Panda politics

I understand the calculated shrewdness of panda politics and Chinese access to Canada's natural resources, so I have one question: Where is the cheering section for Canada's own endangered species (Pandas To Get Star Treatment At Touchdown In Toronto – March 25)?

In Canada, clear-cutting has removed or affected more than 60 per cent of the habitat of the woodland caribou. Migrating whooping cranes are threatened. Ottawa and Alberta have prepared a joint monitoring plan for species at risk that does not prevent habitat destruction. China's focus on oil-sands expansion will factor into the continuing destruction of the boreal forest and associated vulnerable species.

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Yet, Canada will indulge willingly in the public-relations ploy of protecting two pandas. What do we need for the Red Earth caribou herd to be politically sexy?

Vicki Hotte, Kettleby, Ont.


Real danger

The Globe states that, in the past six years, at least 50,000 people have died in Mexico at the hands of brutal cartels, and that the atrocities committed by those same cartels are similar to those found in war zones (A War That Is Not Just An Internal Matter – editorial, March 25). Our federal government has recently removed Mexican refugee claimants' access to formal appeals, putting our economic interests ahead of asylum seekers' and deporting people to a country where they face real danger.

Recently, a Mexican family whose young children attended the same elementary school as my sons was deported back to Mexico. The father of these children was a police officer whose life had been threatened by a drug cartel. All appeals, including those made by a local church, were ignored because Canada deems Mexico a "safe" country.

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I wish you would extend your outrage beyond the violence in Mexico, which Canada can do little about, and extend it to our own government's refusal to protect those who are escaping a real war.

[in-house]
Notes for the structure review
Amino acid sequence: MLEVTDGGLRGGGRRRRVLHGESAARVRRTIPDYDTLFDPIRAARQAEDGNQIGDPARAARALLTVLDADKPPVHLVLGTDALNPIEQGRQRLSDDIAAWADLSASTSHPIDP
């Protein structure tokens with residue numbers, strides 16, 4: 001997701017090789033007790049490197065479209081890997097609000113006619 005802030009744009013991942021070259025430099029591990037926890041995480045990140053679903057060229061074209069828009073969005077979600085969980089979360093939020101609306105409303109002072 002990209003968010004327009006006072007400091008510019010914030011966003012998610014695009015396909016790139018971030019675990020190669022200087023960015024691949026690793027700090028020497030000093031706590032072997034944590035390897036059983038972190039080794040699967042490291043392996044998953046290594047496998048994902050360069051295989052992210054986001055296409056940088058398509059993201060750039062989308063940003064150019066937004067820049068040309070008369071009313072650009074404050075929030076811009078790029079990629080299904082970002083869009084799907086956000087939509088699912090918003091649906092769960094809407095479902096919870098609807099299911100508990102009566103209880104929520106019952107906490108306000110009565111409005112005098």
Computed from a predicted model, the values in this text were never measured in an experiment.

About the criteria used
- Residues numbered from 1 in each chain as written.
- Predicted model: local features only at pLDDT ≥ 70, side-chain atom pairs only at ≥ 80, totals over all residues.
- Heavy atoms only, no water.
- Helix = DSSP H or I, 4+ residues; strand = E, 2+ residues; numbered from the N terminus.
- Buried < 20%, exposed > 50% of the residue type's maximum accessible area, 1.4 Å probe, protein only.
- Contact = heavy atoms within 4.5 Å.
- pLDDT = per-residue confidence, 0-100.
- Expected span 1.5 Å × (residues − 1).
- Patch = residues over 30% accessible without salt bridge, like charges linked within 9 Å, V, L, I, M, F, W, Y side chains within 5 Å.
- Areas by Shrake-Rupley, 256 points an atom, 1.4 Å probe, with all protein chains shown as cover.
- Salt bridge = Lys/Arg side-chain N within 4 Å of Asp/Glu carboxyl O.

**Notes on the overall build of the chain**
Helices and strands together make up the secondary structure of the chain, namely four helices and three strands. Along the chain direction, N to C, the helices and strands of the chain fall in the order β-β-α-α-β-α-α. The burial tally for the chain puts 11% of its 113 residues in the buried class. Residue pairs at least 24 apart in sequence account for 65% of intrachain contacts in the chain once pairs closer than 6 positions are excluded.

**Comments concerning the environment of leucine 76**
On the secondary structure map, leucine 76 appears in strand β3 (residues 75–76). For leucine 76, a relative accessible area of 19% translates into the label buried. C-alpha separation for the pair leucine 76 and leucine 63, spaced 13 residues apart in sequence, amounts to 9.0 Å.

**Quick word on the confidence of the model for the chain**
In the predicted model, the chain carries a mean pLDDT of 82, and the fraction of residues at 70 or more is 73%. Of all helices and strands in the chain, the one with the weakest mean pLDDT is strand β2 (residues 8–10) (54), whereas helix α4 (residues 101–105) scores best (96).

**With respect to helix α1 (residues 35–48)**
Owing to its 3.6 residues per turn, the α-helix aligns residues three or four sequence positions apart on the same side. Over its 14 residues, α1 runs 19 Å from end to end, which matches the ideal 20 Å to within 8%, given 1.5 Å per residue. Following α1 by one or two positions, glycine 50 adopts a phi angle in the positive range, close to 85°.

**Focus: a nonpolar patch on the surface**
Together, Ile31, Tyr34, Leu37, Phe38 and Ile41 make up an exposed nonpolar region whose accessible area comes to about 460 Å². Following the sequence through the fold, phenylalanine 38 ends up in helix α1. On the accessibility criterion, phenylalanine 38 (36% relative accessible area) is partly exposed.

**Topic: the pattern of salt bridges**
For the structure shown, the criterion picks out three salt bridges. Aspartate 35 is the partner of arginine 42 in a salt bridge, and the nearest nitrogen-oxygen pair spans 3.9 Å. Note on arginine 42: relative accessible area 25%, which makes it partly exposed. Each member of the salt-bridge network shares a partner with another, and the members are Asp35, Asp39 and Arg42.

Karin Bjornson, Montreal


Egg farmers respond

Barrie McKenna suggests supply-managed farmers aren't innovative or efficient (Canada's Supply-Managed Stranglehold – Report on Business, March 23).

Just look at the grocery shelf to see that the reverse is true. For example, Canada leads the world in specialty eggs, including organic, vitamin-fortified and free-range alternatives. And there is just as much variety in chicken and turkey.

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Last week, Agriculture Minister Gerry Ritz recognized Chicken Farmers of Canada for its industry-leading, on-farm safety-assurance program, reflecting the whole supply-managed sector's commitment to improving safety. And, in the past year, two new poultry-processing plants have come on stream in Atlantic Canada, representing an investment of about $90-million. All supply-managed stakeholders invest in our sector on an ongoing basis.

The stability of supply management allows farmers and processors to reinvest with world-leading research, innovation and food safety.

Peter Clarke, chair, Egg Farmers of Canada


Just wondering

Re Supplier Insists It Stuck To Lululemon Design (Report on Business, March 20): After reading the story about Lululemon's stretchy yoga pants being too sheer, I had to wonder whether the writer, Marina Strauss, had her tongue ever so slightly in cheek when she noted in the final paragraph "the effect the problems will have on Lululemon's bottom line …"

Pip Wedge, Toronto